Taliban claims credit for NATO scrapping joint operations with Afghan forces
London: The Taliban has claimed credit for NATO``s decision of withdrawing joint operations with Afghan security forces, hailing it as the beginning of their overall defeat in Afghanistan.
The Islamist insurgent group said it had "forced" NATO commanders into the decision by sowing distrust among Afghan and foreign troops.
According to NATO, the Taliban are only involved in a quarter of Afghan security personnel attacks on Western soldiers. It attributes the rest to grudges, misunderstandings and cultural differences.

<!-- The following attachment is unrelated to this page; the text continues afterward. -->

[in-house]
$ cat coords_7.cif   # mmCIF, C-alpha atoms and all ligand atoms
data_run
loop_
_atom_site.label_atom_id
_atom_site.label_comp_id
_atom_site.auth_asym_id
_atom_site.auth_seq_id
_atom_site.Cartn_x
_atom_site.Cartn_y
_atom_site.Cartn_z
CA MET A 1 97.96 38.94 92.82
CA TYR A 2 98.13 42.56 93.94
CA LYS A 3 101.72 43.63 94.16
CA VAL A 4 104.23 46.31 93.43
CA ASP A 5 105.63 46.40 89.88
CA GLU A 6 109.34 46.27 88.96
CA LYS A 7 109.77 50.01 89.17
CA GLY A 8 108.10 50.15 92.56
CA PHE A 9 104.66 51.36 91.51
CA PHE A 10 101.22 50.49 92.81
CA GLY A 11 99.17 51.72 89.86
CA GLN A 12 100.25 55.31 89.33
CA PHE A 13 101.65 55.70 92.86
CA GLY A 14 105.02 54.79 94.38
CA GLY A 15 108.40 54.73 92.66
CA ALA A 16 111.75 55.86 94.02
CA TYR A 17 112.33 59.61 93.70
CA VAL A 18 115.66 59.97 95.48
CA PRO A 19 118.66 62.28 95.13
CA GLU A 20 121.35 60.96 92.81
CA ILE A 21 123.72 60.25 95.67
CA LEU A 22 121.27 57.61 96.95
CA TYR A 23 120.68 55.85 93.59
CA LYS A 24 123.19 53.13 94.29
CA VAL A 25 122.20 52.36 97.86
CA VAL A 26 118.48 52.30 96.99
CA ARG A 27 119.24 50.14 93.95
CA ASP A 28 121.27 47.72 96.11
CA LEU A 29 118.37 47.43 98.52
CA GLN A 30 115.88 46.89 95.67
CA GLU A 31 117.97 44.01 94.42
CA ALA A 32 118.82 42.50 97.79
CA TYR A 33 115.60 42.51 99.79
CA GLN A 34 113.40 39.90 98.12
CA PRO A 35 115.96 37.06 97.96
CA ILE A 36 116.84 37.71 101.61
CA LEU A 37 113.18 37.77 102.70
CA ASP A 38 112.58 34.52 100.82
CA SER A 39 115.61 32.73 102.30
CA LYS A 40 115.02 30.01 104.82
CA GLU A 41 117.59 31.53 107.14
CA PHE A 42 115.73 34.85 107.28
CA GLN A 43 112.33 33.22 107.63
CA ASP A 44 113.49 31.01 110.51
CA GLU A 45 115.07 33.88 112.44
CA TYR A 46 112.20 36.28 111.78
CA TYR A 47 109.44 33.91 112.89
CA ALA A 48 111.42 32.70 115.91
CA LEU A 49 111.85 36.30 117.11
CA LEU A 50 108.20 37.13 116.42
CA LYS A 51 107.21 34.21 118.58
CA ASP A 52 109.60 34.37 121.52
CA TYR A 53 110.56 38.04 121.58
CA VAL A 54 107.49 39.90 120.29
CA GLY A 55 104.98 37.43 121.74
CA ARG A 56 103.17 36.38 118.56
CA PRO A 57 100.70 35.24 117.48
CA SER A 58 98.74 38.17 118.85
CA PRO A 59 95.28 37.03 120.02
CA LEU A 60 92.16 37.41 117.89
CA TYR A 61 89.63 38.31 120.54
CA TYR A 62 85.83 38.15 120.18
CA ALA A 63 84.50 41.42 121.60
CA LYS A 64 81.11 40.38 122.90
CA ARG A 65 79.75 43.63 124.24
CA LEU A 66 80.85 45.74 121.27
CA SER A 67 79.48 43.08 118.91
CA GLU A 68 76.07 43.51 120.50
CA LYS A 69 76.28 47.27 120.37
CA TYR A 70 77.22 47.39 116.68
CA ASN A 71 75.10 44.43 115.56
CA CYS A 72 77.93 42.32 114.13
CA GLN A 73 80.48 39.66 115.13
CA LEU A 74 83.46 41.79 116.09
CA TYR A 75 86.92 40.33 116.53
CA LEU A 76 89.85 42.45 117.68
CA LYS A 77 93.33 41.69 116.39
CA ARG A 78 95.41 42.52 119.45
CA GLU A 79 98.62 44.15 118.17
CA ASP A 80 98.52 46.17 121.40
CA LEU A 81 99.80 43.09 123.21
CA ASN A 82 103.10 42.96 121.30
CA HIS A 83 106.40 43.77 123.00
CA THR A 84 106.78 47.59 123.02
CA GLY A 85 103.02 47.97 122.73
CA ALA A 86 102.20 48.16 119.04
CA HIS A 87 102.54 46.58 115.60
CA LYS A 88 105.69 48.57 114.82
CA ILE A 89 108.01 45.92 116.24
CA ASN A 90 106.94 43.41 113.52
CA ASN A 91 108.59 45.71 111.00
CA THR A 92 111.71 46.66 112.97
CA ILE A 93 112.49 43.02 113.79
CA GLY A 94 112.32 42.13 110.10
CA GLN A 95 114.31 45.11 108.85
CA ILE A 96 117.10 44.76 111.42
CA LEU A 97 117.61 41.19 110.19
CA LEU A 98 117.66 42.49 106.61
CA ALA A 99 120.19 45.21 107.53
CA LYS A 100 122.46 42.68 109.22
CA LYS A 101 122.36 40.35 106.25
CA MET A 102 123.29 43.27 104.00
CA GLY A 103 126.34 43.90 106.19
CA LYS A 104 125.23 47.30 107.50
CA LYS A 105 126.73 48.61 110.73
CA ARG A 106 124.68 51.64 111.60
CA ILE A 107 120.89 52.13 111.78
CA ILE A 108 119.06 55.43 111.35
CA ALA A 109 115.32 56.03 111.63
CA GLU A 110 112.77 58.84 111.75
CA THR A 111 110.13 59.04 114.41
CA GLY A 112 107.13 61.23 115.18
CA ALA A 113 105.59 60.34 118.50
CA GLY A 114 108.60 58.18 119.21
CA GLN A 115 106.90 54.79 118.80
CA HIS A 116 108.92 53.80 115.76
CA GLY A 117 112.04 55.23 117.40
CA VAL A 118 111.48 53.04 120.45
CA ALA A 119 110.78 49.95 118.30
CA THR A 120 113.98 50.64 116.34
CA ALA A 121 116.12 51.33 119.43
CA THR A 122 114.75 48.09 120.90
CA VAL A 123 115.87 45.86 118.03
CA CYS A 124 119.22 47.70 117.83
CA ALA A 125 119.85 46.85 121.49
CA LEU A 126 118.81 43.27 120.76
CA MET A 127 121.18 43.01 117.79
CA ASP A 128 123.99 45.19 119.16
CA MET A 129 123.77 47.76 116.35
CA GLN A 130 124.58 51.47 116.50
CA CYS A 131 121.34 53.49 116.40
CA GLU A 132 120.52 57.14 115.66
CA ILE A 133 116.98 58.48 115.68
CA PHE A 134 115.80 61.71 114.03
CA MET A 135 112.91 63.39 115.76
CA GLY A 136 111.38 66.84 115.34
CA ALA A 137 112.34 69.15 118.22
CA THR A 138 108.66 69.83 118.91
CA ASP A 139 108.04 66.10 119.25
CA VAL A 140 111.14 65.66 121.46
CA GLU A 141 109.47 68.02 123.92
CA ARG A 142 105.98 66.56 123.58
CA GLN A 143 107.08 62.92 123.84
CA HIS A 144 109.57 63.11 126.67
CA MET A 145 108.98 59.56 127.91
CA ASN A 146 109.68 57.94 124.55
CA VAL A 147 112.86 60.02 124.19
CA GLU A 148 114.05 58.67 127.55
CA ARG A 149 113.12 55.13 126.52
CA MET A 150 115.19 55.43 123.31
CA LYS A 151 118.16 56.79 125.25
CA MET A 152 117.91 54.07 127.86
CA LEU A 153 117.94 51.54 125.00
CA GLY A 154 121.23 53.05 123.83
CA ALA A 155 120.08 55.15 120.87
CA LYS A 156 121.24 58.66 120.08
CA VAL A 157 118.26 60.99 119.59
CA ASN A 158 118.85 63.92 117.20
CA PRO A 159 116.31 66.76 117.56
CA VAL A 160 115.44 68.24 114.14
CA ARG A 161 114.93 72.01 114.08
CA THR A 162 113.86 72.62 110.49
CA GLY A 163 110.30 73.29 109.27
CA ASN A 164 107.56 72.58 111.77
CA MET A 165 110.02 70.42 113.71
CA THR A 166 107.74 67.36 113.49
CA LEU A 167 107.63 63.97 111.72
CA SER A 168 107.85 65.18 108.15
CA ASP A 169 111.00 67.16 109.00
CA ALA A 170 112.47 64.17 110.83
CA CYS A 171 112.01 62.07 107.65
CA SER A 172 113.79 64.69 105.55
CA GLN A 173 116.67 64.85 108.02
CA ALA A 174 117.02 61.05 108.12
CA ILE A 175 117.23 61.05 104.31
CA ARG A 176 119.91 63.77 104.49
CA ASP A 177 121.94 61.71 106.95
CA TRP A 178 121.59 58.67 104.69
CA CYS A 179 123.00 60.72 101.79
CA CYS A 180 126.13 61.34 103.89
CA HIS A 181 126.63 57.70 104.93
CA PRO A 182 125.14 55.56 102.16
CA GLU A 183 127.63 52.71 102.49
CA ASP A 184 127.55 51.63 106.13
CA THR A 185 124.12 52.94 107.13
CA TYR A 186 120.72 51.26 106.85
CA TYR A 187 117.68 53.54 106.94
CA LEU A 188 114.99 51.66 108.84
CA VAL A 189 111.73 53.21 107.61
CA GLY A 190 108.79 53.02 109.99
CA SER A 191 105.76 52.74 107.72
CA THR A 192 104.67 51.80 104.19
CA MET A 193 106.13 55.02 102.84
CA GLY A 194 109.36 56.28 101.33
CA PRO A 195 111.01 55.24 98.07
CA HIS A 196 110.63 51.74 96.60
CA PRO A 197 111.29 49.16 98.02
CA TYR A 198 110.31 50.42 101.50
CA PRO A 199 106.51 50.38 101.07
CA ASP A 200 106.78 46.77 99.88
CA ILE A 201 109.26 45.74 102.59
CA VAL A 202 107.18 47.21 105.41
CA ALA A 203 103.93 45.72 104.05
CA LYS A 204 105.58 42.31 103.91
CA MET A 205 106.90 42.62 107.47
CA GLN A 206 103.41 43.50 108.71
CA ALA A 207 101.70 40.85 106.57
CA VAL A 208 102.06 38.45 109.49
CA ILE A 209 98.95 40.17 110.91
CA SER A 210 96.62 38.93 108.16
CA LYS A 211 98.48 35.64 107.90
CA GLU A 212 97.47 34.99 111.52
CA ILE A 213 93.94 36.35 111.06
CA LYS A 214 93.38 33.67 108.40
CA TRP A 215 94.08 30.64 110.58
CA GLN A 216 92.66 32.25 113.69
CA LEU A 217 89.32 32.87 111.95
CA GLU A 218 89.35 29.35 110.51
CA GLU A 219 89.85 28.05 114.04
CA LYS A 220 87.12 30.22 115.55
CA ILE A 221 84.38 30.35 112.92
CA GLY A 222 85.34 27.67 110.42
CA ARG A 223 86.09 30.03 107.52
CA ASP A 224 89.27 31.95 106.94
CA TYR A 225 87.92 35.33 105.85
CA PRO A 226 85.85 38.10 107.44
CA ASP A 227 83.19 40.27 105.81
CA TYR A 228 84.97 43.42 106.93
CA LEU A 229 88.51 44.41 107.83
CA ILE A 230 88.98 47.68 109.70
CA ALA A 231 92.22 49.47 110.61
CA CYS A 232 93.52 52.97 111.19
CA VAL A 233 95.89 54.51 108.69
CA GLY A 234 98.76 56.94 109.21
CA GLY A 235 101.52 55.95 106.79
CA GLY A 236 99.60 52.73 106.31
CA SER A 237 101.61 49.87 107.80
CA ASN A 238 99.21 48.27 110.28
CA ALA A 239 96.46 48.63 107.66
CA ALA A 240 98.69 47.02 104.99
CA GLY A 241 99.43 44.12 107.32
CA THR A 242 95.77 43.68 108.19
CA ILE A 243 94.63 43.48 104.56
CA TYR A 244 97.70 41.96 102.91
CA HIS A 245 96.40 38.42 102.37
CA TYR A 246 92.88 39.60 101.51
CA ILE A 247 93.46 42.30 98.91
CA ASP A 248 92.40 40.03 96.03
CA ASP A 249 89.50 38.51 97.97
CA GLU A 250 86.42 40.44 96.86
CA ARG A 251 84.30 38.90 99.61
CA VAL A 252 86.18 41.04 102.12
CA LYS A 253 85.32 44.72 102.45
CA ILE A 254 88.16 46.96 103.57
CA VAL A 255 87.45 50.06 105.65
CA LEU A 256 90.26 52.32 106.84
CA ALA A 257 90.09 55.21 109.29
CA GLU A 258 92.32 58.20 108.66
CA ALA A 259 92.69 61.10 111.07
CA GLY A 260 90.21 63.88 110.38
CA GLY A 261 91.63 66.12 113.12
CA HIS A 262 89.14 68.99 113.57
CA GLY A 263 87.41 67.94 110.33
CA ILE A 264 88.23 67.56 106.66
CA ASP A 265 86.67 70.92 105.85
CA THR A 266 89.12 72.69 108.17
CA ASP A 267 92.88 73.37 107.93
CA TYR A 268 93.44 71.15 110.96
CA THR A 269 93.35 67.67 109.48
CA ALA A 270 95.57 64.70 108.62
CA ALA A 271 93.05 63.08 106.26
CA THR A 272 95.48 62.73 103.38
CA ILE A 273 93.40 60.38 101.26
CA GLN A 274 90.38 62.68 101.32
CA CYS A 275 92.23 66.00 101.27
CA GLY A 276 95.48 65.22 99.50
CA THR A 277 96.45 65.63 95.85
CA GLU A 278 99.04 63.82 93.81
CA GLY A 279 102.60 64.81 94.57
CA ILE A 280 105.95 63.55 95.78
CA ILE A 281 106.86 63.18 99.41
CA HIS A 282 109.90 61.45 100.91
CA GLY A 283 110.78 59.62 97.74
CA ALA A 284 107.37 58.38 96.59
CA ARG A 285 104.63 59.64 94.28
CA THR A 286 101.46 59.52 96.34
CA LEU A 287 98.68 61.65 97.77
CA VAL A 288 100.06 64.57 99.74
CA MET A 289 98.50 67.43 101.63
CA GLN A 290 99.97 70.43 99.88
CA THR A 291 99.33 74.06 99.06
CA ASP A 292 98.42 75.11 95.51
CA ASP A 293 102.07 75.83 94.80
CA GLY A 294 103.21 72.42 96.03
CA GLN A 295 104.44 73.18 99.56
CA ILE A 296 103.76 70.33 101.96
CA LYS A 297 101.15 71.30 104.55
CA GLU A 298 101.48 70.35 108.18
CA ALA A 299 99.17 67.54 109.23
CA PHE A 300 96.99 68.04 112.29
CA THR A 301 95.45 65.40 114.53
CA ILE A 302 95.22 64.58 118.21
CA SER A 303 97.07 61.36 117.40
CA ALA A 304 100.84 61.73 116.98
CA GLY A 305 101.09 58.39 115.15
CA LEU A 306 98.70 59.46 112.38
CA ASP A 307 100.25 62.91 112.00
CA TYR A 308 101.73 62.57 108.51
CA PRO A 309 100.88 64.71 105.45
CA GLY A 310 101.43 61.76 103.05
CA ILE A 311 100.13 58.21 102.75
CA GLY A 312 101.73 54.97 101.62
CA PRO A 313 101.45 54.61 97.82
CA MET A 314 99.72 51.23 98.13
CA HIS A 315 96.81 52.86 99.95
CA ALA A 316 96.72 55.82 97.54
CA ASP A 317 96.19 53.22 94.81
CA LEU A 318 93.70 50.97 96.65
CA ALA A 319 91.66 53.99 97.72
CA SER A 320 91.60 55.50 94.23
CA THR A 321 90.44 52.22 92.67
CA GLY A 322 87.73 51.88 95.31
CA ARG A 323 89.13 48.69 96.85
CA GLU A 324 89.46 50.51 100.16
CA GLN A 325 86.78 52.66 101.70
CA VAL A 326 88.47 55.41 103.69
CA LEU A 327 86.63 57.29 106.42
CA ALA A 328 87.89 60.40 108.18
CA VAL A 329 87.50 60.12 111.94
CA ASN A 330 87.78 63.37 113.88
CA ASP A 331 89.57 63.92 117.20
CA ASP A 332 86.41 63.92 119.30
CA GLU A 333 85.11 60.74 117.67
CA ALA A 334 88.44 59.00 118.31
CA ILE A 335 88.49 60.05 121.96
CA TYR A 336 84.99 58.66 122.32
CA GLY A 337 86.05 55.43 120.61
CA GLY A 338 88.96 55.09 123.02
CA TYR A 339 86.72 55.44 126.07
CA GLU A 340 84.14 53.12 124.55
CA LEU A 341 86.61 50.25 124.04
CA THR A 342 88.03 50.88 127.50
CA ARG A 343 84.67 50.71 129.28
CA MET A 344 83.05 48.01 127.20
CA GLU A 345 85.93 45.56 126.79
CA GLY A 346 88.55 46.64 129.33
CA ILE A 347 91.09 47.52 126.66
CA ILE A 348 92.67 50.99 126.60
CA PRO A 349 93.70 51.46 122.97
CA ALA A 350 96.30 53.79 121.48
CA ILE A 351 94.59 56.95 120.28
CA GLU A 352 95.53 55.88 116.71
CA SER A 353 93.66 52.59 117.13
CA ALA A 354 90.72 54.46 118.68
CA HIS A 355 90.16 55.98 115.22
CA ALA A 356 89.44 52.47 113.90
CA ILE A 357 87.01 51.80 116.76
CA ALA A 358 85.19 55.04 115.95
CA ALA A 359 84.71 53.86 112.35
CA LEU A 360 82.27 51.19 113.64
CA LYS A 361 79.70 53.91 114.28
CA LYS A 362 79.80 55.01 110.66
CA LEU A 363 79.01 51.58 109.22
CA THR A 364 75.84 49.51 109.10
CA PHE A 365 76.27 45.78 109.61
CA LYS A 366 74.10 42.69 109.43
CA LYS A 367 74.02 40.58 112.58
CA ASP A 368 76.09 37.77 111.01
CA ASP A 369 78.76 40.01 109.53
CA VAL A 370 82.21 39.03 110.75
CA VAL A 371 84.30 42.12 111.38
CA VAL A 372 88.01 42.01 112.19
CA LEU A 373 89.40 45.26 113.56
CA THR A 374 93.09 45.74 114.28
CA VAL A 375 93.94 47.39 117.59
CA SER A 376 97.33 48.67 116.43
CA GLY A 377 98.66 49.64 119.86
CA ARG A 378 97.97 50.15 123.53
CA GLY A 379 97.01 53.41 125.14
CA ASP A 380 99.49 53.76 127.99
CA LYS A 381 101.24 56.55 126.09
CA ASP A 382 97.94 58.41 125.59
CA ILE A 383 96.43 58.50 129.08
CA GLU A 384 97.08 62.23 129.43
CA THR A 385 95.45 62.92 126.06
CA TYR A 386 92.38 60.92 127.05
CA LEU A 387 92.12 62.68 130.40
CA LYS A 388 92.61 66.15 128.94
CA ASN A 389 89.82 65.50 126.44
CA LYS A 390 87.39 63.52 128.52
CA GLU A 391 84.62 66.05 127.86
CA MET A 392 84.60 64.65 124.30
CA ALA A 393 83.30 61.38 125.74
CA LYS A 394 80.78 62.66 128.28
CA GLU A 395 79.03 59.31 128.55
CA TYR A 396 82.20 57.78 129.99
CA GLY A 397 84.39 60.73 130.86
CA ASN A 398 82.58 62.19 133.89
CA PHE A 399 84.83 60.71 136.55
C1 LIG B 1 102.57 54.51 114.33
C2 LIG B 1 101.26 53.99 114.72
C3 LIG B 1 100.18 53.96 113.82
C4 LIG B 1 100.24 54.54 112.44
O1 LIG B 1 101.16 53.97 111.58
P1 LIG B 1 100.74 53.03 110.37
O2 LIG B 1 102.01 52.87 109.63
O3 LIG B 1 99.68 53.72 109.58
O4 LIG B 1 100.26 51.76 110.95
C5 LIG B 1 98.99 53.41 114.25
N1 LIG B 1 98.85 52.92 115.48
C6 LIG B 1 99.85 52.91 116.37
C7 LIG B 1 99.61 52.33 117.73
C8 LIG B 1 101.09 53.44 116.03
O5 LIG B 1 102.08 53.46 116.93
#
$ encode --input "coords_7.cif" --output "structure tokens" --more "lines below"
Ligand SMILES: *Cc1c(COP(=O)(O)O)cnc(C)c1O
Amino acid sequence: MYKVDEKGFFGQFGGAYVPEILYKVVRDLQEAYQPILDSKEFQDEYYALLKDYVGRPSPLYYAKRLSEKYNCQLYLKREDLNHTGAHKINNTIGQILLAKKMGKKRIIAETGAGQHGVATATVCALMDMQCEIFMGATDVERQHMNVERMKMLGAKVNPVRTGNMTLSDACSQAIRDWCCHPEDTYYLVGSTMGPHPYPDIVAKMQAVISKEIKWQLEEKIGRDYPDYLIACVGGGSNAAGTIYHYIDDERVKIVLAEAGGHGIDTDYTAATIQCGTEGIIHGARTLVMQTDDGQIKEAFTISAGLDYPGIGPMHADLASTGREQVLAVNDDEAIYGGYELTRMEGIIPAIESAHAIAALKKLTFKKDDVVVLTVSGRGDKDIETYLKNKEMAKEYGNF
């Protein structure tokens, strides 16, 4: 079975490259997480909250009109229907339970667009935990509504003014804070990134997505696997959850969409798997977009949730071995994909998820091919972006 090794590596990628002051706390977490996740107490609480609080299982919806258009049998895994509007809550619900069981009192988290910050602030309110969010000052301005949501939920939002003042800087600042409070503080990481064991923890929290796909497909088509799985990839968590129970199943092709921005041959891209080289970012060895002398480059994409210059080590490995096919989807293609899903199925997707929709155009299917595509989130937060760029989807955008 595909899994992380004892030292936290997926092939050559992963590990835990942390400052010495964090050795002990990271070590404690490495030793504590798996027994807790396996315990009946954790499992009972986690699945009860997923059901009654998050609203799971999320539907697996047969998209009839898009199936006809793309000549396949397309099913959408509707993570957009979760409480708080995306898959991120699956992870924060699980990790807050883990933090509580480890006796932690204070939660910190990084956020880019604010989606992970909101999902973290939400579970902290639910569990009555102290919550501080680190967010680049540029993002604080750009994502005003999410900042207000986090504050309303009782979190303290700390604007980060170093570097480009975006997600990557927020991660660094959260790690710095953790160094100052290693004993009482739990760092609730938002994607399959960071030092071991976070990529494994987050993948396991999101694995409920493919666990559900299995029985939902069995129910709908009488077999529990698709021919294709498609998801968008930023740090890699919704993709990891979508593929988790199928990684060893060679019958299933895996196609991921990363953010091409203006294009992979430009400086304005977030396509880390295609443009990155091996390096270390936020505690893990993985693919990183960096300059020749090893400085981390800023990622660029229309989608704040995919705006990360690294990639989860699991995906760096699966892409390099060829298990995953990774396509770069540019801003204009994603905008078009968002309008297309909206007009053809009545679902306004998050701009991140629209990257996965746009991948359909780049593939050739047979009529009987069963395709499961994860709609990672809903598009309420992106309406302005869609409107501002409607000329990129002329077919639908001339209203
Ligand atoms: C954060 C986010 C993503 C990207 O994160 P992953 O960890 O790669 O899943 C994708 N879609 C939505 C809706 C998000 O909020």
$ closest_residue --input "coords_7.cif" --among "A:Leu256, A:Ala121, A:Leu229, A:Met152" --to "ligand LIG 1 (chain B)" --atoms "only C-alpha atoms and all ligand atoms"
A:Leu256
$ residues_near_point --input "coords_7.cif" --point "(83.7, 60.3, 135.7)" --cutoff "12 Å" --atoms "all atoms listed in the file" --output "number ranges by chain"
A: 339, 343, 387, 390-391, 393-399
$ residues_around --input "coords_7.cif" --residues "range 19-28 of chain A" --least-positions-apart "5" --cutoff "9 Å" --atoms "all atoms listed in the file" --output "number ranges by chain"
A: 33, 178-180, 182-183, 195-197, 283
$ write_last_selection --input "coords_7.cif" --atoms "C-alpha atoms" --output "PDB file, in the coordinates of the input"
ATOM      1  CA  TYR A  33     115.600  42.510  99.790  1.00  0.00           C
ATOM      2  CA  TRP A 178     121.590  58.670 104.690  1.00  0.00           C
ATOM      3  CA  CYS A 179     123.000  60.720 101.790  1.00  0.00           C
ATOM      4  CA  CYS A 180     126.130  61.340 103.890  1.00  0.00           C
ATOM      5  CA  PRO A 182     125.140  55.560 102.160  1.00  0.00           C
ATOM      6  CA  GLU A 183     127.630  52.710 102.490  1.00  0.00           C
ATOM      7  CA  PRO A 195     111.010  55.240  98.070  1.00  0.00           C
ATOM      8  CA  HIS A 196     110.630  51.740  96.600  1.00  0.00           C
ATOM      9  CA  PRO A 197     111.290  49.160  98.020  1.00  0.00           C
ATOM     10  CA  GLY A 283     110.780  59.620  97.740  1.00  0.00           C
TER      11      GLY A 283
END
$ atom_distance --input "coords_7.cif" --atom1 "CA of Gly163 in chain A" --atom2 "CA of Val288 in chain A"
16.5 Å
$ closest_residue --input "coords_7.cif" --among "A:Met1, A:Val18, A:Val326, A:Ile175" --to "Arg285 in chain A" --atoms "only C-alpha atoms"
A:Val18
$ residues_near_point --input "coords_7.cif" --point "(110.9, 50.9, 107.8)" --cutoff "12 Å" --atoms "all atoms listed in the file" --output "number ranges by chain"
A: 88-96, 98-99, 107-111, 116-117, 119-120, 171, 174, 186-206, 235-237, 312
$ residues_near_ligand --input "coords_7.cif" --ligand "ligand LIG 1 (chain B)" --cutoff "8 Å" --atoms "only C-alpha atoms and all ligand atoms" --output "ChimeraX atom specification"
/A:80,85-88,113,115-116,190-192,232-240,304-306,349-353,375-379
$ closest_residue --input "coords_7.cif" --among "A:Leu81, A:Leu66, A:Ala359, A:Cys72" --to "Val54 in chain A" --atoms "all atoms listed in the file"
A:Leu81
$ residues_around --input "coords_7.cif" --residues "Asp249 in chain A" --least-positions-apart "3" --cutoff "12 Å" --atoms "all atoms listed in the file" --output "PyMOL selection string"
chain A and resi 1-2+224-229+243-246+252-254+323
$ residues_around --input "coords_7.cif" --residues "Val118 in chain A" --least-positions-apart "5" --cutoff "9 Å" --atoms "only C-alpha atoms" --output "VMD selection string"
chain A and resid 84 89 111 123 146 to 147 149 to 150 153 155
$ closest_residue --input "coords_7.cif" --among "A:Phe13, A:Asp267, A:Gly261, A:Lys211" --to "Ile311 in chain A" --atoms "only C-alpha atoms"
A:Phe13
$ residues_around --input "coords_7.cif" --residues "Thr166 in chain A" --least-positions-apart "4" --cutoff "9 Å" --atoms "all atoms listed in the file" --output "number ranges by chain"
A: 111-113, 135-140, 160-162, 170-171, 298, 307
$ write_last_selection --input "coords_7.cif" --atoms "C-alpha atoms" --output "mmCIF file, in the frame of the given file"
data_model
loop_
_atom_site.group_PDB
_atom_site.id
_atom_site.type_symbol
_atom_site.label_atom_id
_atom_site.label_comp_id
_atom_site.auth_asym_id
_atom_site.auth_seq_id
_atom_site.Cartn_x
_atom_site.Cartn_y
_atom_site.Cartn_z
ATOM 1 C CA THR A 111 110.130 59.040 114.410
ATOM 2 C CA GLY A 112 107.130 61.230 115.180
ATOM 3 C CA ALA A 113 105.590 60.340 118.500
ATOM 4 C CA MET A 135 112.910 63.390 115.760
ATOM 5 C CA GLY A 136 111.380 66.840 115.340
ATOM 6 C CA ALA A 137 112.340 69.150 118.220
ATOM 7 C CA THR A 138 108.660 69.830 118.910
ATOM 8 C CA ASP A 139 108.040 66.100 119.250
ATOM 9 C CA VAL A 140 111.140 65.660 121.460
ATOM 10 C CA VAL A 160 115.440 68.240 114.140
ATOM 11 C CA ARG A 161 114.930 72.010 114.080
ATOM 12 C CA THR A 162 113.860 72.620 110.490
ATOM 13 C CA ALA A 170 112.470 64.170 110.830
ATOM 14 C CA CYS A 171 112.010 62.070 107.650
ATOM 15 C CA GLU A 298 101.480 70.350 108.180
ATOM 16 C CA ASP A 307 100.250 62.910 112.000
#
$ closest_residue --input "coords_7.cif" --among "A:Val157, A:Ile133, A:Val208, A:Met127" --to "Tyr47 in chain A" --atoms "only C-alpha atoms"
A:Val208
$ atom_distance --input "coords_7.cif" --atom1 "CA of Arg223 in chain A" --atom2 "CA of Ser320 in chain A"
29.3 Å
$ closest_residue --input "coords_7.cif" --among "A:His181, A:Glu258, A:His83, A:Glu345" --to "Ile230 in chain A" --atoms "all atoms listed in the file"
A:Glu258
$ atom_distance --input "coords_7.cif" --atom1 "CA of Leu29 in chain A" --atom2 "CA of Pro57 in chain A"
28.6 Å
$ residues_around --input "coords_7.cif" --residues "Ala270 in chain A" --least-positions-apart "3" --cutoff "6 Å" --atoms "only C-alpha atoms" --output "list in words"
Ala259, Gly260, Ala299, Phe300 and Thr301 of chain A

"This is the result of the mujahideen``s operations and tactics that forced the enemy to abandon their plans," The Telegraph quoted Taliban spokesman Zabihullah Mujahed, as saying.
"This is an achievement for the mujahideen who have managed to create mistrust among the enemy forces and, God willing, this is the start of their overall defeat in Afghanistan," he added.
The U.S.-led International Assistance Force announced the change in strategy after an unprecedented number of Western soldiers were shot dead by their local colleagues and amid an angry backlash over a US-made film deemed offensive to Islam, the paper said.
Experts say the move is a setback for NATO``s long-held strategy of containing an 11-year Taliban insurgency by training and advising Afghan forces to take over as most of its troops withdraw by the end of 2014, it added.
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